Angelos is no baseball sageTo Peter Angelos:I have been a...


October 11, 1998

Angelos is no baseball sage

To Peter Angelos:

I have been a die-hard fan of the Orioles since my father started taking me to games at Memorial Stadium when I was 4 years old, some 28 years ago. I have remained a loyal fan through thick and thin, and will always do so. However, I have some grave concerns over what has transpired over the past six years.

First, let me say that I appreciate your willingness to spend money to obtain and/or retain great talent. However, once you have these people on your payroll, you truly need to let them do just what they were hired to do. I have seen entirely too much great talent, recognized throughout baseball, come and go from the Orioles. Some have resigned, and others were fired or not given a contract. The resignees, in large part, did so because you would not allow them to do their jobs. I understand that

sometimes it is hard to delegate, but this goes beyond that.

You have made your fortune as a lawyer, mainly settling asbestos suits. You have done a great service to the country by making the hazards of asbestos known to us. Does this make you a qualified "manager" of the Orioles?

Mr. Angelos, I am going to say something to you that I believe no one on your staff has the courage to say. Simply because you are the majority owner of a team does not make you a baseball sage. For the sake of those of us who love the game, put your ego aside and let your people do the jobs they were hired to do.

Amy M. Krueger


Foss, Angelos deserve blame

As the curtain closes on another Orioles season, we should take time to thank those individuals responsible for the downfall of a once-respected and stable organization -- vice chairman Joe Foss and owner Peter Angelos.

These two men conspired to drive the reigning American League Manager of the Year out of town after reaching the AL Championship Series two straight years, ignored the advice and suggestions of a proven general manager who has two World Series rings, and allowed a brilliant assistant general manager to leave town.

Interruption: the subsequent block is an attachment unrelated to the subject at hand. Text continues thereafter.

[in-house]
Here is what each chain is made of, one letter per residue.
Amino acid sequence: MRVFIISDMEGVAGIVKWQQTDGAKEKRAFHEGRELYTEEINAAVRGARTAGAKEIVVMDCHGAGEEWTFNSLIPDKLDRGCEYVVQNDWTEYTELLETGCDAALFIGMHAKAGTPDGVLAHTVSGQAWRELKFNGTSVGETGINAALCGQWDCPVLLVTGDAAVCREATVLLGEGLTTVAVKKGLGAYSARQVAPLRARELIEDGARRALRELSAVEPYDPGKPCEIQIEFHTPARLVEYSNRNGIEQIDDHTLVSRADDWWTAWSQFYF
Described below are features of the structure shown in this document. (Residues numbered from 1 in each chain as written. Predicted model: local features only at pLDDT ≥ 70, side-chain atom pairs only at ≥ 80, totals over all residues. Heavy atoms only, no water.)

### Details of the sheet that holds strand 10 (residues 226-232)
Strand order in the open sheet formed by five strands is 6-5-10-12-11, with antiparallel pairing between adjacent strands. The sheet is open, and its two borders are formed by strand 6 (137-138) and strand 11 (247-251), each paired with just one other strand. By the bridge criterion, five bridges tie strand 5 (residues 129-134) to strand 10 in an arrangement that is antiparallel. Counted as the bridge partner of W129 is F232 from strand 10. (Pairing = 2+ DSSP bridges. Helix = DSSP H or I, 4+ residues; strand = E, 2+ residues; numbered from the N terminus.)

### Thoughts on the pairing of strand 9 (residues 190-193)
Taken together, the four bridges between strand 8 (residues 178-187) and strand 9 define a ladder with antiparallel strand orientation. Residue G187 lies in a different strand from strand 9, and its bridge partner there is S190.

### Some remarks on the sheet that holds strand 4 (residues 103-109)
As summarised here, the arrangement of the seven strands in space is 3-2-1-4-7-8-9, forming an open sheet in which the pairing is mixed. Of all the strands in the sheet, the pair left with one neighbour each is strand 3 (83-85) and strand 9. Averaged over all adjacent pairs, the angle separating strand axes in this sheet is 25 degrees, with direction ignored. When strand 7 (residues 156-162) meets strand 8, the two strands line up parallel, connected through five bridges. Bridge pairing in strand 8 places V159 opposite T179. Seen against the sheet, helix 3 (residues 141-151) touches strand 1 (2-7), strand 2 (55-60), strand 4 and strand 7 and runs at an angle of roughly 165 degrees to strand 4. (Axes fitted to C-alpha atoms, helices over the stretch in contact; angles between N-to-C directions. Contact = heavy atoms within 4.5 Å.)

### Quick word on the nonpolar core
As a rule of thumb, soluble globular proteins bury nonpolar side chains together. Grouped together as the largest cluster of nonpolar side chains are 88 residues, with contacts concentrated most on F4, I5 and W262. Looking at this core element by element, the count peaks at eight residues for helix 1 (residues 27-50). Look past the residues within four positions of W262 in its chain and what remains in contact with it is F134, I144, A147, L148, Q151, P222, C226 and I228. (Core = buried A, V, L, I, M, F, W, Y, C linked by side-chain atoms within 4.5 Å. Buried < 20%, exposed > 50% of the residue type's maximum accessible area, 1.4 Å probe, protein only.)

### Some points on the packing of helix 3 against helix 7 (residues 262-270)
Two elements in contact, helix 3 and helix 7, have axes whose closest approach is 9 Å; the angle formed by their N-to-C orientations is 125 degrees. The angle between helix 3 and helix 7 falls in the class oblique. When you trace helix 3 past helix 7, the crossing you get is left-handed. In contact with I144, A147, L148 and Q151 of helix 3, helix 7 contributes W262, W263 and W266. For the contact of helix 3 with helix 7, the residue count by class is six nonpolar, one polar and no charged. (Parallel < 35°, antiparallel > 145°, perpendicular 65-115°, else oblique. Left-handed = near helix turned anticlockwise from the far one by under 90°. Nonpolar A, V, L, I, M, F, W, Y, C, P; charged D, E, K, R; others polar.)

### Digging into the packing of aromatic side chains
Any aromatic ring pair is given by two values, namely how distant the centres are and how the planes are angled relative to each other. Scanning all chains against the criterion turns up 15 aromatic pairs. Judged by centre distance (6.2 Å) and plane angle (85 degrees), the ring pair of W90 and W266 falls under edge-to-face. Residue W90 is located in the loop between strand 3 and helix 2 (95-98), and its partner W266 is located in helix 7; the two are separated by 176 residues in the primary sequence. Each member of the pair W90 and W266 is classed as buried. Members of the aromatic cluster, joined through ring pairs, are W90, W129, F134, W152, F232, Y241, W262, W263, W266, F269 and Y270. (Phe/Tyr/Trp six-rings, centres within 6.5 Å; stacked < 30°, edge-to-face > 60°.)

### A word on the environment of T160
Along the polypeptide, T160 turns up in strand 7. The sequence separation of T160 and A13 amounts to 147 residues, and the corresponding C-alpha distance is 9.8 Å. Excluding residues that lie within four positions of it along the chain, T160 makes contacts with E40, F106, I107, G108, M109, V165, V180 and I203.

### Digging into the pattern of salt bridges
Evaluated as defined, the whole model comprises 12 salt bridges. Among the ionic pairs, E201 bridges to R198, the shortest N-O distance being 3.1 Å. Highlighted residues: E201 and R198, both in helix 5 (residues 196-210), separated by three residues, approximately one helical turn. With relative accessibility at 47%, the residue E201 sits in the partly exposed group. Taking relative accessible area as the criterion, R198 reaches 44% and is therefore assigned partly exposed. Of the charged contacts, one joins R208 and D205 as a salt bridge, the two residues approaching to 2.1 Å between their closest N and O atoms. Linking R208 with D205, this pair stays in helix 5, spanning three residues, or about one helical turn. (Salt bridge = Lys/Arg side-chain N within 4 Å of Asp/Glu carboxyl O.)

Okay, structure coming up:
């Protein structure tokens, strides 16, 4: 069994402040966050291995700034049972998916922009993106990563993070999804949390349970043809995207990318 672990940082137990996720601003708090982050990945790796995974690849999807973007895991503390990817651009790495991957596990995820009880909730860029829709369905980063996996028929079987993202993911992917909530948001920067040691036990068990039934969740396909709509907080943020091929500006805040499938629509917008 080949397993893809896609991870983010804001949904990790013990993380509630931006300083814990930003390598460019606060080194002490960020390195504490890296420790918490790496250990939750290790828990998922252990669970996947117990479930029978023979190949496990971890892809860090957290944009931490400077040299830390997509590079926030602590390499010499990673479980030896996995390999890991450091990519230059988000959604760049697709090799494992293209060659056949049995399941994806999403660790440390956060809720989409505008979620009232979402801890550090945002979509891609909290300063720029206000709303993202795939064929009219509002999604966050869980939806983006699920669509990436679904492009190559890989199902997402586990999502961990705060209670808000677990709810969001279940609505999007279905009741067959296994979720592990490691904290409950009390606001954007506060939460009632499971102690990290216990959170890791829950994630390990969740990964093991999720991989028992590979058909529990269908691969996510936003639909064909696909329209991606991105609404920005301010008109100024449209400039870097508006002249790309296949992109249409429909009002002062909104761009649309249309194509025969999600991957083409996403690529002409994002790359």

Foss and Angelos also constantly blocked trades designed to improve the team for the future.

Too bad Jerry Hoffberger isn't still the owner. Davey Johnson would still be here and Pat Gillick and Kevin Malone would be under long-term contracts, as would Rafael Palmeiro and B. J Surhoff.

Thanks, King Peter, here's hoping you're happy. But why shouldn't you be? Your right-hand man is the court jester!

Joe Neuheimer


Don't forget Lenny Moore

A few weeks ago, Sun columnist Ken Rosenthal compared the Colts of old with the Ravens in the area of skill positions. He named Johnny Unitas, Raymond Berry and Alan Ameche.

Alan Ameche? He was a Heisman winner, a fine running back who was injured and left the game at a young age. His 1-yard plunge won the "Greatest Game Ever Played." However, Rosenthal again exhibited his total lack of Baltimore sports knowledge by omitting the best all-around athlete on the team, Lenny Moore.

In his career, Moore scored 111 touchdowns, rushed for 5,174 yards (a gaudy 4.8 yards per carry) and gained 6,039 yards receiving (16.6 yards per reception). He's also enshrined with Unitas, Berry, Jim Parker, Gino Marchetti and John Mackey in the Hall of Fame.

Get a clue, Ken.

Jim Kirby


Maris worthy of tribute

I would like to compliment Sun columnist John Eisenberg on his fine tribute to Roger Maris on Sept. 7. It is wonderful that Maris is now receiving the praise he should have received in 1961.

Ford Frick conditioned fans early in that season to more or less ignore the home run race between Maris and Mickey Mantle -- saying, basically, that if Babe Ruth's record were broken, it would not be "for real," because the ball in 1961 was lighter and the season was longer than when Ruth achieved his feat.

Thank you, Mr. Eisenberg, for using the printed word to express how many of us have felt.

Stephanie Verhage


Pub Date: 10/11/98

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